A dog’s tale: from seizure to sanctuary

Séamus’ primary concern is trying to emulate new mentor Bailey

Seamus a 13 week old Puggle was one of 116 puppies seized by Gardai at Dublin port in vans destined for the UK in February. He lives in foster care with Orla Solan of the DSPCA and her family and two other dogs in Dublin. Video: Bryan O'Brien


To look at Bailey Solan luxuriating on the kitchen couch as the slanting afternoon sunshine warms his furry coat, you’d hardly believe the chilled-out cavachon’s harrowing past.

Two and a half years ago, authorities found a then six-week-old Bailey crammed into the boot of a car with more than 50 other puppies. They were housed in deplorable conditions, with a view to selling them off to members of the public for minimum effort and maximum profit.

“When he arrived at the house he was in good condition, but originally when he came into the shelter he had diarrhoea, he had to be de-fleed and de-wormed. He was just run-down and dehydrated,” says owner Orla Solan.

A Dublin SPCA volunteer herself, she watched on as droves of prospective dog owners, driven by ample media coverage of the discovery in October 2012, vied for possession of the downtrodden animals.

Having received all the necessary care and attention at the DSPCA kennels in south west Dublin after his rescue, a revitalised Bailey looked forward to a new lease of life with a woman who also owned a Yorkshire terrier.

However, when the territorial terrier attacked and wounded his new companion shortly after Bailey’s arrival, the destitute dog was whisked back to the sanctuary of the kennel to contemplate the seemingly distant prospect of finding a true “forever home”, as Orla calls it.

“Sometimes that happens, and both dogs have to be happy in the house. So he came back up again (to the DSPCA), and we were very lucky to get him. We love him, he’s a great dog, very placid.”

Fortunately, Bailey found a more compassionate companion in Muffy, a cairn terrier who Orla also adopted as a rescue dog four years ago.

Now a receptionist with the DSPCA, she has earned a reputation as somewhat of a serial fosterer having provided a temporary home for up to 40 puppies and 15 kittens over recent years. Indeed, Orla’s two daughters also volunteer with the organisation, and Bailey himself has become a regular fixture in the reception area of the Rathfarnham facility.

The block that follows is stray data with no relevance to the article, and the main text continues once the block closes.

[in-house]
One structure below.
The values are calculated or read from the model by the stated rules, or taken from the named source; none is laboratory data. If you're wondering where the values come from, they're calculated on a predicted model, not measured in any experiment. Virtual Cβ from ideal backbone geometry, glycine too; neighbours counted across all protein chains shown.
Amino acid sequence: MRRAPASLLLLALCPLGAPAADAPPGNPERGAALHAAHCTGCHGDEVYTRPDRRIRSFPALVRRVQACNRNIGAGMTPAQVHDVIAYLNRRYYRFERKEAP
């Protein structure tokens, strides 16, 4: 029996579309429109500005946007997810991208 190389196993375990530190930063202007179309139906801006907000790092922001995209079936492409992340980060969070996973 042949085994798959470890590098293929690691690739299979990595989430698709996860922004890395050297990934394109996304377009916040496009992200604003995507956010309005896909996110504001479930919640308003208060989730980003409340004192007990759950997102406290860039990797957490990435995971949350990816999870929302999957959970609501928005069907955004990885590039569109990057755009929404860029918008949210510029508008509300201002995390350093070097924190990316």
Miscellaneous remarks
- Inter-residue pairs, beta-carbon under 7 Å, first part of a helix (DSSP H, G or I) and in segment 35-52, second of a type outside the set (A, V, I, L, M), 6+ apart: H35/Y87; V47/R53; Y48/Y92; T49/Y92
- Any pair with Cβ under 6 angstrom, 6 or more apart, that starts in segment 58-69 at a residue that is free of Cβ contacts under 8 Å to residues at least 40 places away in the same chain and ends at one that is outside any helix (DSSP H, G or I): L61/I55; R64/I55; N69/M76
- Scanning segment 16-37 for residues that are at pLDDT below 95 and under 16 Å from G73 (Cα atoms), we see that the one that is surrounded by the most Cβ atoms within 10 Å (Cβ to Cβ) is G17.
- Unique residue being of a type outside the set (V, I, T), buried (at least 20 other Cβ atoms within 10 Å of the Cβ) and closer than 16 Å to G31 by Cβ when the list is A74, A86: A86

As fate would have it, when we arrived, the Solan household was also hosting a member of the last high-profile puppy haul in February, when officials seized 116 animals from the back of a van in Dublin Harbour.

They were destined for sale in Britain, but young puggle Séamus (a cross between a pug and a beagle) and his cohort had a lucky escape.

“A lot of them had worms and diarrhoea. They were quite little, and had no food or water either so they wouldn’t make a mess in the vans.

“We’re fostering him because he’s got a little bit of kennel cough, which is quite easily gotten rid of. He’s on a bit of medication for the next week and a half, and hopefully then he’ll go off to a nice new home; a forever home.”

Blissfully ignorant of the fate that once awaited him, Séamus’ primary concern these days is trying to emulate new mentor Bailey, who himself appears altogether oblivious of all the attention being lavished on him by his younger housemate.

As was publicised shortly after the puppies were found last month, the DSPCA received an overwhelming public response as over 1,000 interested parties put their names forward for re-homing.

However, it’s not that simple, as education officer Gillian Bird explains.

“When people come to us, they fill in an application form and go through an interview procedure. Then we do a home check to make sure the home is safe for the dog they’ve chosen. It’s also confirmation as to where the animal’s going to sleep, because we’d like them to have a dog that’s going to spend a majority of its time in the home.

“We’re very happy that when we do our re-homing that we’ve chosen the people right. If the animal does come back it’s usually because the people who adopted the animal have lied to us or have not thought it through properly. Part of the interview procedure is to nearly scare people off the idea of getting the dogs.”

The DSPCA is currently promoting a campaign urging people to inform authorities of the presence of puppy farms in their area. Puppies reared on farms are often housed in unsanitary conditions with little regard given to their welfare.

According to Orla Solan, the best way to thwart such operations is to curtail demand. “I don’t think people in Ireland realise how big a problem puppy farming is and how badly they’re kept. People might say they went down to the garage and bought a puppy because they felt sorry for it. They don’t know where that puppy came from.

“As for those who run it, they don’t even care who they’re giving the dogs to, whereas with the DSPCA we check out their families, we have a good chat with them, and hopefully they’re committed for 14 or 15 years,” she says.